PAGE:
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Pumpkin Beer Cookies

Pumpkin Beer Cookies #AmericanBeerWeek

American Beer Day is Sunday, October 27th, celebrating all kinds of American-brewed beer. To celebrate, some fellow bloggers and I are cooking and baking with beer all this week! Five days of recipes that include beer.

I'm kicking things off with a cookie recipe that includes pumpkin beer. It's a soft cookie, much like a snickerdoodle, so be careful, because they will break easily.

You'll get the most pumpkin flavor if you use a pumpkin ale that, well, tastes like pumpkin, like Lakefront Pumpkin Lager, Weyerbacher Imperial Pumpkin, Saranac Pumpkin Ale. I used Smuttynose Pumpkin Ale, which has a strong pumpkin flavor as well.

Pumpkin Beer Cookies #AmericanBeerWeek

These cookies are addicting. Do yourself a favor, and eat one straight out of the oven. OK, give it a couple of seconds to cool off, but seriously, it one while it's still warm.

I love the chewy texture and almost slightly savory undertones in the flavor! And since I replaced half of the butter from the original recipe with pumpkin puree, I can call them healthy ... right? OK, healthier.

Pumpkin Beer Cookies #AmericanBeerWeek

Pumpkin Beer Cookies

Adapted from The Beeroness


  • 6 tablespoon (3 oz) unsalted butter, softened
  • 6 tablespoon (3 ½ oz) pumpkin puree
  • 1 ¼ cups (9 ⅜ oz) light brown sugar
  • 1 large egg yolk
  • ½ teaspoon vanilla extract
  • ⅓ cup pumpkin beer
  • 1 ¼ cups (5 ⅜ oz) all-purpose flour
  • 1 cup (4 ¼ oz) bread flour
  • 1 ¼ teaspoon baking soda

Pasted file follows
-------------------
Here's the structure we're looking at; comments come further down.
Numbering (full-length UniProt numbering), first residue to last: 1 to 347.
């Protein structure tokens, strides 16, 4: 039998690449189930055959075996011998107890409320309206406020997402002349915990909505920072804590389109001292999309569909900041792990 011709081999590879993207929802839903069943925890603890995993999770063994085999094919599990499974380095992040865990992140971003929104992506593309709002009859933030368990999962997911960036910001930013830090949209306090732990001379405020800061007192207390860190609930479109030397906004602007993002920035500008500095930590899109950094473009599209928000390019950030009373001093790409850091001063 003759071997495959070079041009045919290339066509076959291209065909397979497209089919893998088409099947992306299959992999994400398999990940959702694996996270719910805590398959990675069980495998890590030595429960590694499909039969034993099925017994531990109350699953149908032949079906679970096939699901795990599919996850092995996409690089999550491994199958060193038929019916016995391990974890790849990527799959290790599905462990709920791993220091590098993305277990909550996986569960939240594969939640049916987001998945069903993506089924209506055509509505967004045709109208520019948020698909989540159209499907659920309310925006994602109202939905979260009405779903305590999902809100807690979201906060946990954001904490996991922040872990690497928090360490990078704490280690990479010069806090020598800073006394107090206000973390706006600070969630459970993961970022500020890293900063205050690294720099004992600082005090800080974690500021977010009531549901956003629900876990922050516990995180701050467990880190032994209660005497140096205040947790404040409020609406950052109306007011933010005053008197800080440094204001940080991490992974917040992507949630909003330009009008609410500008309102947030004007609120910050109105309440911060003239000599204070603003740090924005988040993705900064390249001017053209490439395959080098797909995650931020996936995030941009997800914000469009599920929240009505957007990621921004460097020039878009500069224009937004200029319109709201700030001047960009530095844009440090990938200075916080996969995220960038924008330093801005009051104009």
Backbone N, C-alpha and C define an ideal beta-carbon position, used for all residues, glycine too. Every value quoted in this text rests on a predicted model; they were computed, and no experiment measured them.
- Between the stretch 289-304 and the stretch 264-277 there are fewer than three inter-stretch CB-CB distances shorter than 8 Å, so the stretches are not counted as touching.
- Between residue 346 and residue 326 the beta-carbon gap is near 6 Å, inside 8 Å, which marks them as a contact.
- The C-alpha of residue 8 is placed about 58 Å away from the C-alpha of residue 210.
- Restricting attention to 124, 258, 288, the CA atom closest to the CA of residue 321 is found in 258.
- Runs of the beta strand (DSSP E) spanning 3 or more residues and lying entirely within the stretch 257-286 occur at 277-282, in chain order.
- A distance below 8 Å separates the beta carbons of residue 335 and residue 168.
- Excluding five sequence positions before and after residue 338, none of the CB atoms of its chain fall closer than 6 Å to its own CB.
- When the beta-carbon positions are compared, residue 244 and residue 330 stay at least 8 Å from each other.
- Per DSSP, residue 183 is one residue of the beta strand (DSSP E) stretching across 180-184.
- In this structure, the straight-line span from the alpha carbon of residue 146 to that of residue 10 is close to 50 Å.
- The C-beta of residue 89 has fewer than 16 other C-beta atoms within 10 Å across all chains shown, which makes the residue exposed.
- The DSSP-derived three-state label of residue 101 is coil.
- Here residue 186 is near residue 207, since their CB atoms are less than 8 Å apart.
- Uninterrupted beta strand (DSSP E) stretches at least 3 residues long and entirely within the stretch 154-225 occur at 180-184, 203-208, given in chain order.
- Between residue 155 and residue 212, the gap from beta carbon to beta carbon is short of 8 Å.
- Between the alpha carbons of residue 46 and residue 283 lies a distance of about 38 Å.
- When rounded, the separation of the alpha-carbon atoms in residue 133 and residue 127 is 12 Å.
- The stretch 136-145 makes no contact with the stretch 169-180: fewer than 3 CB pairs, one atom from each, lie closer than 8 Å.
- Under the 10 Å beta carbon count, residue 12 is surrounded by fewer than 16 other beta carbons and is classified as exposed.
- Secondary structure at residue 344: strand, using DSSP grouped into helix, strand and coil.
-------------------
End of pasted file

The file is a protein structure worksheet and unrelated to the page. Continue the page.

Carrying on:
• 1 teaspoon baking powder
  • ½ teaspoon salt
  • 1 teaspoon cornstarch
  • 1 teaspoon cinnamon


  1. In the bowl of a stand mixer, cream together the butter, pumpkin puree and brown sugar. Mix on medium-high until well-mixed.
  2. Add the egg yolk and the vanilla, beat on medium speed until light and fluffy.
  3. Add the beer, beat on low until mixed in, then on medium until well combined.
  4. In a small mixing bowl, whisk together both the all-purpose and bread flours, the baking soda, baking powder, salt, cornstarch and cinnamon until evenly distributed and aerated.
  5. Add one third of the dry mixture to the dough, and mix on low. When the flour mixture is almost incorporated, add another third of the dry ingredients. Mix on low until almost incorporated. Add the remaining third of dry ingredients and mix just until fully incorporated.
  6. Using a scoop, portion out balls of dough slightly larger than the size of a walnut onto parchment-lined baking sheets.
  7. Place the baking sheets of cookie dough in the fridge to chill for at least 20 minutes.
  8. Preheat your oven to 325 degrees.
  9. Bake for 12-14 minutes, rotating the pans front to back and top to bottom halfway through, until the edges just start to turn golden brown.
  10. Remove the pans from the oven and Immediately pull the parchment paper onto the counter or a wire rack and allow the cookies to cool to room temperature.

Number of servings (yield): 36 cookies

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Tuesday 26th of November 2013

I just made these. They are tasty; but they came out cakier than I expected. They don't look cakey in the picture, are they supposed to be?


Tuesday 26th of November 2013

Hi Leah! I'm glad you liked the flavor. Yes, the cookies do come out cakey -- it's because of the pumpkin puree.


Monday 21st of October 2013

These are absolutely good for you, they have pumpkin a vegetable and beer, beer is good for you. Everyone knows that!


Monday 21st of October 2013

Pumpkin, Beer, Cookies. *swoon*

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